The Dead Canary
Sheaves of corn tell us it is autumn and the man's casual posture and arrogant eyebrows indicate that he thinks he owns everything his eyes can see. The missus, in beautifully executed blue satin, has a sneaky look about her that suggests the yellow bird on her lap is not alive.
"Francis, are you listening?"
"Yes, Frances, I am all ears."
This is not the land of milk and honey, but merely one of natural abundance. Fruit trees and vegetable gardens abound. Game is plentiful. The man awkwardly leans over the woman. He is trying to peep down her décolletage, but she turns her shoulders and blocks his view.
"Francis don't be a pig, now."
"Oink oink, I feel like being piggish. Don't you?"
"No, decidedly not. I bathed this morning. My skin is clean and fresh."
"I haven't bathed in two weeks. I enjoy the ripening odors of my own body, truth be told. Very manly and energizing."
Frances pinches her nose. "If you only knew, Francis."
"Well, don't be so high and mighty. I have smelled your drawers after accidents and so on and believe me, they cried for mercy."
Frances bristles. "You sniff my drawers?"
"Yes, yes I do. I want to keep on top of things, you see. Animalistic, yes. But I find it reassures me. On the whole, they smell quite lovely. But now and again. I think the last time your mother's broccoli and beef did the trick. If you ask me, the beef was off."
"It was not off. I already explained it was the curry wrap I'd eaten earlier that day."
"Ah, yes. That explained the smell, and the colour. A fierce yellow."
A long silence ensues. Some men in whites play cricket on a distant green. Dull clicks and clacks register in the thick air.
"This reminds me of something," he says. "A dream, perhaps."
"You don't dream, Francis."
"Who said I don't dream?"
"The other evening you told George and Leeann that you haven't dreamed since the 1980s. Did I hallucinate that?"
"Aw, shut up. Always nitpicking. Let me just be myself."
Frances' face blanches. She shoots to her feet, drops the bird, and hastens off with urgent little steps.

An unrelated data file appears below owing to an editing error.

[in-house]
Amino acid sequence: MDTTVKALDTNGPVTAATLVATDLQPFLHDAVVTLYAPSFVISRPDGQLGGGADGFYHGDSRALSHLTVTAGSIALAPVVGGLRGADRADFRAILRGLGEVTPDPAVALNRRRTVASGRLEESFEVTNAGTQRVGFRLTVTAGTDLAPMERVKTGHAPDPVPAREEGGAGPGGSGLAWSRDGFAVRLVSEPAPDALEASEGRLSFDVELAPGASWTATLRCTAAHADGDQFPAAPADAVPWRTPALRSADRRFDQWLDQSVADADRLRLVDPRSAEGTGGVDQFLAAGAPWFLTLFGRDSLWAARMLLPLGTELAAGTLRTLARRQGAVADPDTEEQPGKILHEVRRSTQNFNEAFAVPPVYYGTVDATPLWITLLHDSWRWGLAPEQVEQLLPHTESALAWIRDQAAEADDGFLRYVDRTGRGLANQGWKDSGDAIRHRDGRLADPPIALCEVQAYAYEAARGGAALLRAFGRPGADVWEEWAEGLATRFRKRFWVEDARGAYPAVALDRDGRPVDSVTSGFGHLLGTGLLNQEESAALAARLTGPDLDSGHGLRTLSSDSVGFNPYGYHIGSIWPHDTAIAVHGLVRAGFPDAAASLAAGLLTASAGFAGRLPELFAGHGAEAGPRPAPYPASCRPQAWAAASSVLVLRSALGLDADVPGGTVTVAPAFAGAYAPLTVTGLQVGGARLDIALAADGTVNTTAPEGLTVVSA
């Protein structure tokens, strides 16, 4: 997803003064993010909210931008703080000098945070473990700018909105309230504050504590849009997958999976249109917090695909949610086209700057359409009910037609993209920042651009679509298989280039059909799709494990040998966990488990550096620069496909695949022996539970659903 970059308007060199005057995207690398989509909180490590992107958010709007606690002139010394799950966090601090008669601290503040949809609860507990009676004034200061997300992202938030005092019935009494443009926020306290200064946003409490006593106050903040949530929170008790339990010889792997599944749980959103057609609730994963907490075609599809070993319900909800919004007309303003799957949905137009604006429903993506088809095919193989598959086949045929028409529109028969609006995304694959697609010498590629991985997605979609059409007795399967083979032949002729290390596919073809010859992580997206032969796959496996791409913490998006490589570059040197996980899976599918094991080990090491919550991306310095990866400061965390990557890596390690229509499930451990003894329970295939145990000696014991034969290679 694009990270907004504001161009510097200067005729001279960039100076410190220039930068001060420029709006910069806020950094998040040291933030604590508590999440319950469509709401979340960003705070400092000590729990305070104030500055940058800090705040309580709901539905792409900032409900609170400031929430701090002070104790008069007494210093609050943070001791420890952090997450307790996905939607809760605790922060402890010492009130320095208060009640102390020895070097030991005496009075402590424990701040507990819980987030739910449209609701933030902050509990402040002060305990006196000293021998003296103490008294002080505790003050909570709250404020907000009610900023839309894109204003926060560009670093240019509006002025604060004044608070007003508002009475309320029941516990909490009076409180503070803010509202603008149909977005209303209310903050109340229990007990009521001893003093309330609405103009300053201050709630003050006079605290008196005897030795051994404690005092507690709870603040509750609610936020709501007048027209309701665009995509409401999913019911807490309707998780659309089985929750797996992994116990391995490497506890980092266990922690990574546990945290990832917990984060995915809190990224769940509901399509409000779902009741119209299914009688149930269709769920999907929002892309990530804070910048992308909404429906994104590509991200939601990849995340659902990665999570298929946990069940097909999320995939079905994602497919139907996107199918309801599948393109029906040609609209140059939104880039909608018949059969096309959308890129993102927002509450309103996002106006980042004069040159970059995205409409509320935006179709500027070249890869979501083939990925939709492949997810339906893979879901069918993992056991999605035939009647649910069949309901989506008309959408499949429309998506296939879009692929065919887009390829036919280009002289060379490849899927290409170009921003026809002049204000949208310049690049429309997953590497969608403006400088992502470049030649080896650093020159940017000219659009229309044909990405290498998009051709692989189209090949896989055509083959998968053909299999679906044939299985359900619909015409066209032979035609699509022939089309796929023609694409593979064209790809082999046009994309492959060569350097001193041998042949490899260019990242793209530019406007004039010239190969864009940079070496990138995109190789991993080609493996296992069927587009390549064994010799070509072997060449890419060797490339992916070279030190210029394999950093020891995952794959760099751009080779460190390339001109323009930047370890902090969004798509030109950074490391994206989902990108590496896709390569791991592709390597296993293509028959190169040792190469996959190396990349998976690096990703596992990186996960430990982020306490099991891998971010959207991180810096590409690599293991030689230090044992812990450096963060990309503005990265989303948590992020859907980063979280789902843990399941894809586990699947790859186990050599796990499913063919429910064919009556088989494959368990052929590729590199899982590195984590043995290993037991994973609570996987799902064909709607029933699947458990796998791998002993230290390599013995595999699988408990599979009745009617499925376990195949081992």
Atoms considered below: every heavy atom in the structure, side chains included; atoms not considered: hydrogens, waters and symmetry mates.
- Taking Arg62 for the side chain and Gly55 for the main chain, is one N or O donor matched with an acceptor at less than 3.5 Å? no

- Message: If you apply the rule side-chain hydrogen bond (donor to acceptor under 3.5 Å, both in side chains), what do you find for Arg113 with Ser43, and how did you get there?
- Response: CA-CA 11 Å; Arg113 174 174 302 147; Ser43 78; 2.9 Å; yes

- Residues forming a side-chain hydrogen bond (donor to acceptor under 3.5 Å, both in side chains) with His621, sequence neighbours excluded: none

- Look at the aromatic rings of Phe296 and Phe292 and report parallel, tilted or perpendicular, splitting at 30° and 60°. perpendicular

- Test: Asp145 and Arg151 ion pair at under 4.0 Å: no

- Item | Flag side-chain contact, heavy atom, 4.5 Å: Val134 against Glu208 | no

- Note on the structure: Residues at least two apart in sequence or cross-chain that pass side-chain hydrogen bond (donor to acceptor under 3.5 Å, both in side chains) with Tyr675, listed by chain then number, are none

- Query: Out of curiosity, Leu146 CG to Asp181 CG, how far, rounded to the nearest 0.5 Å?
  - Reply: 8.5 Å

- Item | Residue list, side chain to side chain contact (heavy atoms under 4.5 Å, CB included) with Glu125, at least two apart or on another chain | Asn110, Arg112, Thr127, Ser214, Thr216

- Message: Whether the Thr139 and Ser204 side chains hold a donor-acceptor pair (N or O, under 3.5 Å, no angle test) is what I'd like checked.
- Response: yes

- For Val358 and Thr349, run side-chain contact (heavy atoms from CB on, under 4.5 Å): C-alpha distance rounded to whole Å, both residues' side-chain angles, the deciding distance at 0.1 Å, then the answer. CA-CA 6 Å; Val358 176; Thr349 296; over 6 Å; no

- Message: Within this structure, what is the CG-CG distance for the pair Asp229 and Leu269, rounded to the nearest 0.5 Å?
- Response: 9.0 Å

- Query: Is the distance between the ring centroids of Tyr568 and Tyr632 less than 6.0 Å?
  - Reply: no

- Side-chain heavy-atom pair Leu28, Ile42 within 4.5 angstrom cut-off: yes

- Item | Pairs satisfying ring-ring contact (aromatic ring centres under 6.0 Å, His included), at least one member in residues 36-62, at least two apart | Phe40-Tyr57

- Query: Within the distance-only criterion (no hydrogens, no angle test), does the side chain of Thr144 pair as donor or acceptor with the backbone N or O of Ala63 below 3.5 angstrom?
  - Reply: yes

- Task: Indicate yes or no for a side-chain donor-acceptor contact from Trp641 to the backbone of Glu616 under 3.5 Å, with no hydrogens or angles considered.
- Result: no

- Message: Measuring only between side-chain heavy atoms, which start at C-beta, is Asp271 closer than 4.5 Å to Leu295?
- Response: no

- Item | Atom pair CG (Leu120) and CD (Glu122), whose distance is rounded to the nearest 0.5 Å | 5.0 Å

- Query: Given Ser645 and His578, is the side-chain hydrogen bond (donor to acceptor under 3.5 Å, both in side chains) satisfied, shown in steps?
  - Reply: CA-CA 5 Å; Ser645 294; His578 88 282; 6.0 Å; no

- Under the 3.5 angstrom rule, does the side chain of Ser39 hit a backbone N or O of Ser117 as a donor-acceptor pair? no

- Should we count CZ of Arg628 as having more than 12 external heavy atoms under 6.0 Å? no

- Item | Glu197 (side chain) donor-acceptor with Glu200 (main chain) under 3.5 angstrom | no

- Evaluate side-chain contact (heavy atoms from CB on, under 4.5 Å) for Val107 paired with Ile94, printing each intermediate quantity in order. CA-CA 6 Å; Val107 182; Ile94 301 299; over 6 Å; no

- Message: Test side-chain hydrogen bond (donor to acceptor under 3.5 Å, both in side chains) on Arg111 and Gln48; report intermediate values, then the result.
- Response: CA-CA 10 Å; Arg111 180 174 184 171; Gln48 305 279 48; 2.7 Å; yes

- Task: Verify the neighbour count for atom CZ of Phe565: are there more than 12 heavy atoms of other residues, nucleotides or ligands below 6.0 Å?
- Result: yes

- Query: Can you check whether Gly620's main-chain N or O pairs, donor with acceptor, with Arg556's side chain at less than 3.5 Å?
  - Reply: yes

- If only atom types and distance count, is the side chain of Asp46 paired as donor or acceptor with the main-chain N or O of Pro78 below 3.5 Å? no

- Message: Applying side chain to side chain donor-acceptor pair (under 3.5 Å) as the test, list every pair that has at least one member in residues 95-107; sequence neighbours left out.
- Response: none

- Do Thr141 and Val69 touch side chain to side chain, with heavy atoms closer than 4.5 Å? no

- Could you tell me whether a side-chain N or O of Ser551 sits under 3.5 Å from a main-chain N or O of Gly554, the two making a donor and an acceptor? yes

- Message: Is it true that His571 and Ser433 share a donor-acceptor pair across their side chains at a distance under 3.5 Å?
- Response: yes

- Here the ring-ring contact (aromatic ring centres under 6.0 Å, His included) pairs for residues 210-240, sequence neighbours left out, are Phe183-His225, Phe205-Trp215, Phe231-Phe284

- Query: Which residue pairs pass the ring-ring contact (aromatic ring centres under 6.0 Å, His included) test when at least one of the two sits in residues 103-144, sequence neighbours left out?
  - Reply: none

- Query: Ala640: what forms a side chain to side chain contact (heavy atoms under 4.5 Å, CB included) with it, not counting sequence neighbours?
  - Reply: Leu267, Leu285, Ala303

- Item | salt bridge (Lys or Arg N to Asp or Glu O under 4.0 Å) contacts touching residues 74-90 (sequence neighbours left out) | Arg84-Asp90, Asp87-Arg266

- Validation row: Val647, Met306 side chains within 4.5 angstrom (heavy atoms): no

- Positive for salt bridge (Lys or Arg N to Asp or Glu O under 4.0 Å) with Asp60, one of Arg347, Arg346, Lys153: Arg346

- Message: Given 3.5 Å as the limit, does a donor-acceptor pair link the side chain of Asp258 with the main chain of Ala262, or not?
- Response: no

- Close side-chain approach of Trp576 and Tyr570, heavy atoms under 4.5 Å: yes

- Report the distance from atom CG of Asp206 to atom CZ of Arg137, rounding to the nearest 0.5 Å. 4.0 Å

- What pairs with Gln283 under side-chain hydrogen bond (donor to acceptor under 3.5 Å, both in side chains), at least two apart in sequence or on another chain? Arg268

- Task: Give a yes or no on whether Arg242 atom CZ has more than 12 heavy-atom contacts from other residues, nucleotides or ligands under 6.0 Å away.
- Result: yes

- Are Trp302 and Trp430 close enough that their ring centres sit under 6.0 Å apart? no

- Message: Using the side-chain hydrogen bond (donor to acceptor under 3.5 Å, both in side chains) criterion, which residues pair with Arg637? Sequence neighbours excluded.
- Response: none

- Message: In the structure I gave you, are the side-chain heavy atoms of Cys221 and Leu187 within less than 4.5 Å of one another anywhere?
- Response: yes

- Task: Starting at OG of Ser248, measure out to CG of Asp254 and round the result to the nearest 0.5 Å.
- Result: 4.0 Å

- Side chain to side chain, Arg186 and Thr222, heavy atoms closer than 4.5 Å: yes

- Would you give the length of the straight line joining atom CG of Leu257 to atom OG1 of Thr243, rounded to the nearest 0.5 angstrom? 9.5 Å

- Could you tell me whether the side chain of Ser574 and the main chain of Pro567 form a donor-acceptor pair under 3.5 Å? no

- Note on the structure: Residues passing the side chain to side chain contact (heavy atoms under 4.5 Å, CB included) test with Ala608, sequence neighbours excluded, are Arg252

"Where are you going?"
"Ugh. Yesterday's tacos."
She raises her hand. "I'll put aside the drawers for you."
The Dalí Lobster
You remind me of an ancient Roman, the soft colors, elongated form, the sensitive face. And yet you are not solidly fixed to anything. In which case you remind me of an ancient Egyptian, floating there with painted eyes.
"You're staring again," you say.
"I can't help myself. Your face tells stories."
"All faces tell a story."
"That's just it, a story. But yours tells stories."
"Is that supposed to flatter me?"
"That's one way of looking at it. Have you decided?"
"I think I'll have the Dalí lobster."
"That comes with a black telephone."
"I'll ask for a substitute."
The waiter has piercing blue eyes and the eddying waves of blue pigment that turn green in his waistcoat suggest a tumultuous mentality.
"Absinthe for two and the lady would like the Dalí lobster."
"How would she like the telephone prepared?" he asks.
"May I substitute the telephone?" you ask.
"No substitutions, ma'am, I'm sorry. It says so in the menu."
"Okay then, I'll have it flambéed."
"Anything to eat for you, sir?"
"Bring me a bowl of beef bouillon."
The waiter departs and for the longest moment you stare at me without blinking. I grow uncomfortable, shift in my chair.
"Are you trying to lose weight?" you ask.
"No, of course not," I say. "I'm simply not hungry. Maybe an absinthe or two will open up my appetite."
"And open up your mind."
"Contrary to myth, it's not like that — I mean, you get more drunk than anything. They don't even make it with wormwood anymore. I just dig the taste."
An hour later my skull rests on the table. The waiter nudges my shoulder. Large drops of rain are falling in my head. A horse lurches in there. Chickens flee. I need to pee. Meanwhile, an old black telephone smokes at my elbow and a lobster screams.
Sal Difalco lives in Toronto.